FITTING THE PADS Getting a perfect fit between the pad and the key cup is absolutely essential. If the pad is too small for the cup, the edges will droop and fail to seal. If the pad is too large, the edges will bulge unevenly, causing leaks. If the pad selected is too thick for the key cup, it will hit on the back of the tone hole before the front seals completely. If the pad selected is too thin, the front will hit first and the back will not close tightly. Contrary to what most manufacturers will tell you, the key cups themselves are almost never stamped exactly to specification. A little variation can make a huge difference, and for this reason I always suggest that saxophone manufacturers provide the pad maker they select with an actual set of key cups so that the pads can be made to fit perfectly. Unfortunately, very few of them take this advice, and if you will examine the pad fit in most new saxophones, you will easily see it is generally less than perfect. If you’re having your present saxophone re-padded, you must insist that the technician “dry fit” the pads to be certain of a perfect fit. Should the technician insist that “I have a chart that gives all of the pad sizes for your horn”, merely smile, close your case, and run for the door as fast as you can. Individual horns vary during a production run, and the pads must fit YOUR horn! Any shop in the business of repadding saxophones should also stock any reasonably needed pads in half millimeter size increments. If you don’t keep all of the sizes on hand, you simply can’t do a proper job of dry fitting.
SELECTING AND INSTALLING THE RESONATORS You could spend the rest of your life getting opinions on resonators, and a lot of that discussion is beyond the scope of this article. Here are a few points on which I think there is probably close to universal agreement: (1) steel resonators usually rust out before the pad leather expires (2) aluminum resonators react with the hydrochloric acid in saliva and corrode (3) the screw or rivet used to install the resonator must be made from the same metal or the metals may react (4) if the resonator is installed with screws it can be reused when the horn is repadded. If it is installed with rivets, the resonator cannot be reused. Sizing the resonators is an area where most manufacturers and repair shops completely fail. Both groups tend to take “the easy way out” and use pads that have the resonators pre-attached. This makes it extremely difficult to size the resonators correctly for each tone hole! For maximum acoustic efficiency and dynamic range, the amount of resonating surface must be maximized and the amount of exposed pad leather (which acts as a sponge and absorbs the energy of the sound wave) minimized. Larger resonators do NOT add brightness: they merely allow the horn to operate a maximum efficiency. ￼ “Too Much Is Always Better Than Not Enough” A few manufacturers, although not many, actually pay attention to these easy to verify principles, but most repair shops do not. If the shop you are considering for your repad used pads with pre-attached resonators, simply smile, close your case, and head for the door as quickly as possible. I’m not aware of any manufacturer that currently offers buys a choice of pad and resonator styles. Many years ago, Narita (owner of the Unison brand) did offer some choices, but found that this required stocking a larger variety of inventory in order to satisfy customer orders. This option simply failed to generate the expected additional sales and was discontinued. I was Chief Designer for the company at the time, and we were very disappointed that customers didn’t take advantage of the choices we offered.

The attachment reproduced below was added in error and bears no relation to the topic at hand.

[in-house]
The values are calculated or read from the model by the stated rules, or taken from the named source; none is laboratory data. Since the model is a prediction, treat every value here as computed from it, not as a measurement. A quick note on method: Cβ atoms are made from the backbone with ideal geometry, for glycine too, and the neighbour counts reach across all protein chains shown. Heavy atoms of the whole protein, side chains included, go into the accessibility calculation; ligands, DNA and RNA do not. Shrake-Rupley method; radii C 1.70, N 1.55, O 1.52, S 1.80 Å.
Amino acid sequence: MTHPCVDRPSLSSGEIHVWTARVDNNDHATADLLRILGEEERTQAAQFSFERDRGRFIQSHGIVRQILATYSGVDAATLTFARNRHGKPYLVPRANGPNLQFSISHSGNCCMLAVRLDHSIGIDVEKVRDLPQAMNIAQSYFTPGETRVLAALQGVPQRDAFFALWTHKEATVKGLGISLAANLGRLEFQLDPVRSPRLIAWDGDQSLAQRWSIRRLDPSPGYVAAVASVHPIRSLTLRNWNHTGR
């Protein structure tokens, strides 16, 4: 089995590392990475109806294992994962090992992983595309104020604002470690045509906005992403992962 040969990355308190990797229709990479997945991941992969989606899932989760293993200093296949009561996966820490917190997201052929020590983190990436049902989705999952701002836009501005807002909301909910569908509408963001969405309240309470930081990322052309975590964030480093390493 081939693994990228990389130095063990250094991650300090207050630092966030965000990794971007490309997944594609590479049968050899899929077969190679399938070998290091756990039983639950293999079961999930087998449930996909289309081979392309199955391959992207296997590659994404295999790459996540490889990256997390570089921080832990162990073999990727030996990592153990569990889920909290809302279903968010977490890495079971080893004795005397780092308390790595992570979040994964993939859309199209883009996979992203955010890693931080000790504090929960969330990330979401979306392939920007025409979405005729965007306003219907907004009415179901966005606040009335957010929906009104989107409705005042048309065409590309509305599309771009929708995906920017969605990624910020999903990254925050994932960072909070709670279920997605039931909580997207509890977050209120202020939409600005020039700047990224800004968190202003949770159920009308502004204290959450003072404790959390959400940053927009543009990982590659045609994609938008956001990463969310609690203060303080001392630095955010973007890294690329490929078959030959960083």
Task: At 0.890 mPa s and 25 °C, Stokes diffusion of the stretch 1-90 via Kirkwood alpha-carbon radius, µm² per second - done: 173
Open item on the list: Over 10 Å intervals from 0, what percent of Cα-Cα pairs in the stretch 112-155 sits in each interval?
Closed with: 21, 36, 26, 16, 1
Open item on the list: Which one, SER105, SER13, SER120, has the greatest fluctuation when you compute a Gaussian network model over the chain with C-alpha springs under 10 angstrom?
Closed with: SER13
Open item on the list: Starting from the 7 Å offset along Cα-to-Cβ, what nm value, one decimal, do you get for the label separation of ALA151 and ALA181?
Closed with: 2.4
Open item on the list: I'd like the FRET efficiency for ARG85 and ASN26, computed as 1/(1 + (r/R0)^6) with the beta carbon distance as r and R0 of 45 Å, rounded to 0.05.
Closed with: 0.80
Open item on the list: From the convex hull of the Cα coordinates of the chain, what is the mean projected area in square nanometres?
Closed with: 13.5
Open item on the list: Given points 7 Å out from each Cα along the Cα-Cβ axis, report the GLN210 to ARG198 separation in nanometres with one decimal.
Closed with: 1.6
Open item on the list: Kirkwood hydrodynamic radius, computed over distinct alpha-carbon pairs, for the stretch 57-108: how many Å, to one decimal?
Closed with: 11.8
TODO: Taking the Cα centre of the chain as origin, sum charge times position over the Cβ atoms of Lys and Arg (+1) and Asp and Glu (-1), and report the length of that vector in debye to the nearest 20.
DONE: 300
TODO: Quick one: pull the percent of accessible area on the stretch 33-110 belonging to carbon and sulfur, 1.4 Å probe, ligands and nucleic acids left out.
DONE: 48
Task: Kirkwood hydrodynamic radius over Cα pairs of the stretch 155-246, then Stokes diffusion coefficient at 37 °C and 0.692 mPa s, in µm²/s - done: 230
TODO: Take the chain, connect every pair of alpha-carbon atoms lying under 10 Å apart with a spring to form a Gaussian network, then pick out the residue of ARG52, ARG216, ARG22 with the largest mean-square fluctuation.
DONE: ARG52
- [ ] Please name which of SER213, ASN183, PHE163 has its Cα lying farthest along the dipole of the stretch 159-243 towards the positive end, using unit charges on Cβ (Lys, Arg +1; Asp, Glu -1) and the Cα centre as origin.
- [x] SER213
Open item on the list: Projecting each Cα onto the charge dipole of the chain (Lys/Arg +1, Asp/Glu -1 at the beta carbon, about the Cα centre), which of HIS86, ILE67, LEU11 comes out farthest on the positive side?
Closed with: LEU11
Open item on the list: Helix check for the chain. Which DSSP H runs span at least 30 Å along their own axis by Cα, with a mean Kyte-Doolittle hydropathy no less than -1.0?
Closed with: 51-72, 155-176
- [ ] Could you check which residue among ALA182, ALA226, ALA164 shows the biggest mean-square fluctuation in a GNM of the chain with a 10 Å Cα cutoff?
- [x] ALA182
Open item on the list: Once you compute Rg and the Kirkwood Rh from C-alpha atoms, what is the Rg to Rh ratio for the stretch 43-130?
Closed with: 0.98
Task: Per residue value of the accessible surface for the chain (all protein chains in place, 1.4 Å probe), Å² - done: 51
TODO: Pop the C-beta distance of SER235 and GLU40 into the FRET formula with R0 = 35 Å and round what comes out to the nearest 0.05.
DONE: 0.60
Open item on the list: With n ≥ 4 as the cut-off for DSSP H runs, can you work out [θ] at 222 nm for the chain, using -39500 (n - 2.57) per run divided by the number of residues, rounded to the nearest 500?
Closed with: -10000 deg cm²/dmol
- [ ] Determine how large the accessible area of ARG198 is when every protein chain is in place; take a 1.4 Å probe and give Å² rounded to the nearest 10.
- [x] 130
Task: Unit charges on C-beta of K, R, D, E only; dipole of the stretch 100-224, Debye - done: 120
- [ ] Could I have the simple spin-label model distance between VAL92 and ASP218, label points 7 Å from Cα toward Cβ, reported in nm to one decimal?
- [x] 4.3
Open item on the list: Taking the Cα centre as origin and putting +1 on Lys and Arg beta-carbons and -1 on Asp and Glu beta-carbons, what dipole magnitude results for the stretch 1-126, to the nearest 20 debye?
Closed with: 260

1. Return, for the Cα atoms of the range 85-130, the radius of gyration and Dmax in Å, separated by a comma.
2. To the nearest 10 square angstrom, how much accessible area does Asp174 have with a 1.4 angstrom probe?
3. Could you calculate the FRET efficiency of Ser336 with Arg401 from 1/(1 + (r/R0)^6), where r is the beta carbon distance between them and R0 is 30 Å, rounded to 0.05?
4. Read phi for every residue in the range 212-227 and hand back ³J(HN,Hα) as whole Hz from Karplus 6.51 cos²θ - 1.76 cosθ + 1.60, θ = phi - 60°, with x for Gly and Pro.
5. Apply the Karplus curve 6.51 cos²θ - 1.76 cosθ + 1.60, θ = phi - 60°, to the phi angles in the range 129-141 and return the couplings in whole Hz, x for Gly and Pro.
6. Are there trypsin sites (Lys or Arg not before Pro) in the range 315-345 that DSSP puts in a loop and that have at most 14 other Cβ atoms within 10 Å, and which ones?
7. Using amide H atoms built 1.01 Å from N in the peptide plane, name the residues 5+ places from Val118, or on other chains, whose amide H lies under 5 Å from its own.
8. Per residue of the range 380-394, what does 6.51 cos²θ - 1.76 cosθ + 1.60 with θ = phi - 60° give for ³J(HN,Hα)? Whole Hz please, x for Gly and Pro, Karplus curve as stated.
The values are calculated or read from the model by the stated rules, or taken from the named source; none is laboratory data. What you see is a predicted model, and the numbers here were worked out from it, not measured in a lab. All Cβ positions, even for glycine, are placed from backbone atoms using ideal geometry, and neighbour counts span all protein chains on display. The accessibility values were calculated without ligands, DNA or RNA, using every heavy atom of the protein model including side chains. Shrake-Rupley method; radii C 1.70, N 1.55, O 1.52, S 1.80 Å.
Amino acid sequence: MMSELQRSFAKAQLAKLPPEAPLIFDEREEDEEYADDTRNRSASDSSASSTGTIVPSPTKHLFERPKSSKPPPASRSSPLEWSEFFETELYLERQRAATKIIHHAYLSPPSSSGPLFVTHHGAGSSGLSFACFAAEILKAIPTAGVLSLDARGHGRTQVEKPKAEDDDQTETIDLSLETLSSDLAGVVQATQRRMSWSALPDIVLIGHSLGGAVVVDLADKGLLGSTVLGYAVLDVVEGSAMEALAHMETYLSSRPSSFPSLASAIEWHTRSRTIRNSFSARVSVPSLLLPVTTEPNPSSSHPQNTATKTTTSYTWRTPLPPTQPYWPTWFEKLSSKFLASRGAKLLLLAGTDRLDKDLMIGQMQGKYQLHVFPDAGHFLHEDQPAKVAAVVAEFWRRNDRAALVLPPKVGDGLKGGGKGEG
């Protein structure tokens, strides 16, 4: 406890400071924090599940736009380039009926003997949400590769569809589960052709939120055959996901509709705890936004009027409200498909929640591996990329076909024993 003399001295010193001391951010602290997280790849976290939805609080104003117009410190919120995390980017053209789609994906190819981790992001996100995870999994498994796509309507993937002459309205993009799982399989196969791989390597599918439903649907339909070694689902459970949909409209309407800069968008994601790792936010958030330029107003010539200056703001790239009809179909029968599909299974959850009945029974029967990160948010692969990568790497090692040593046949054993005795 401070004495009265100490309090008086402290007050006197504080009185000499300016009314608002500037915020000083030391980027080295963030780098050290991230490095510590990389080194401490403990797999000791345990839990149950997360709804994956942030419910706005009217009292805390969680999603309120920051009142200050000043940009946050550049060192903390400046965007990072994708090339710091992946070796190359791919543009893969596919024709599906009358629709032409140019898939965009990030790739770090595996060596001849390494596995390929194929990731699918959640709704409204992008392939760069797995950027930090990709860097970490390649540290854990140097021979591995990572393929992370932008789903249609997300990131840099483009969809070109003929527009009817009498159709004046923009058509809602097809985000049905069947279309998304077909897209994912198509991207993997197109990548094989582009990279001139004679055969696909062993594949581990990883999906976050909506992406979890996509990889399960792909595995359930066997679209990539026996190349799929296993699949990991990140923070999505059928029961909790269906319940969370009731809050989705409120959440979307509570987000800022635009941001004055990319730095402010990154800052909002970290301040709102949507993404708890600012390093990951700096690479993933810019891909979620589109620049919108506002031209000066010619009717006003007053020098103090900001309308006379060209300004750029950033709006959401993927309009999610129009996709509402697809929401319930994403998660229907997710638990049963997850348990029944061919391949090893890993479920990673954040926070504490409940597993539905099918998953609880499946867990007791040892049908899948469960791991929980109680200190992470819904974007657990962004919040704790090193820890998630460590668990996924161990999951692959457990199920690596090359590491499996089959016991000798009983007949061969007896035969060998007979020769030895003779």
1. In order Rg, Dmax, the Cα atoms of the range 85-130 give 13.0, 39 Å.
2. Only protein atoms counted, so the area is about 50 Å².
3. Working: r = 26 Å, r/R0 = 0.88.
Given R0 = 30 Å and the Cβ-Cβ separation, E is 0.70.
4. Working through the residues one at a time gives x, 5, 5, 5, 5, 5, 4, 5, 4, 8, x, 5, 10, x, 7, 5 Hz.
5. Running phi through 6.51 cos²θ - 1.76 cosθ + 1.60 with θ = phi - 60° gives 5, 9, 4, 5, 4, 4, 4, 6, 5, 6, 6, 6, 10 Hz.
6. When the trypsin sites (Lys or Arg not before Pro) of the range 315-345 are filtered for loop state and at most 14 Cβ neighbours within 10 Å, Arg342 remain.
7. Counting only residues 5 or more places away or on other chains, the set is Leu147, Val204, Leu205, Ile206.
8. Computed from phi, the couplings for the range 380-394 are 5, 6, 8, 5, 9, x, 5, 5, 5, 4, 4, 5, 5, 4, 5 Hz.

INSTALLING THE PADS If the planets are all in proper alignment, then the pads (with properly sized resonators installed) should slip tightly into the key cups and should seal over the tone holes somewhat tightly with minimal adjustment. Most manufacturers have figured out that a very thin layer of adhesive (preferably genuine shellac) is best, provided that it coats the entire key cup, including the edges. A few makers of very low priced horns continue to use hot glue, which is impossible to distribute thinly and evenly. Many repair shops, unfortunately, use FAR too much adhesive, with the intent of “floating” the pad into it’s perfect position. Of course, if they had everything properly aligned, floating just wouldn’t be necessary, now would it? The amount of shellac should be just enough to completely cover the interior of the key cup with the thinnest possible but very even layer, and no more. The purpose of the adhesive is to hold the pad in place, not to compensate for failure to align the mechanism! ￼ FAR too much shellac! Manufacturers have the great advantage of dealing with the instrument while it is (hopefully) at the original specification. The mechanism is most likely properly aligned and should need minimal adjustment. The adjustments that are necessary are almost always done by slight bending of the keys, either with the fingers of a technician or with very light taps of a small plastic headed hammer. Occasionally, wedges or special levers may be used to manipulate the keys ￼ Key Adjusting Tools When repair shops replace saxophone pads, the final small adjustments are often made by allowing the pad to “float” on a layer of melted shellac until it finds equilibrium. This technique is almost never used by manufacturers. The adjustment made by floating should always be extremely small. If a large adjustment is necessary, the keywork is improperly aligned.
FINISHING THE JOB If the mechanism is correctly aligned, the pads should be pretty much leak free. Most of the top of the line factories adjust the compound mechanisms to seal “metal to metal” and add only a very thin layer of material (usually woven felt) to silence the mechanism. The thickness of the material should roughly equal the depth of the seating ring in the pad. The use of thick layers of material to quiet the keywork is asking for trouble over time, as the material will invariably compress with usage over time, resulting in leaks. Under no circumstances should the silencing material be used to regulate the compound keys. The final touch used by the better manufacturers is to seal all of the pads with wooden wedges and apply steam to “set” the seat in the pad. At this point, the horn should completely seal by gravity alone: if you disconnect the springs and allow the keys to naturally fall to the tops of the tone holes, they should seal. If they don’t., further adjustment is necessary. A good pad job is a thing of great beauty to a saxophonist. There’s really no excuse for anything short of perfection, and the cost differential between an average job and a great job is really quite low.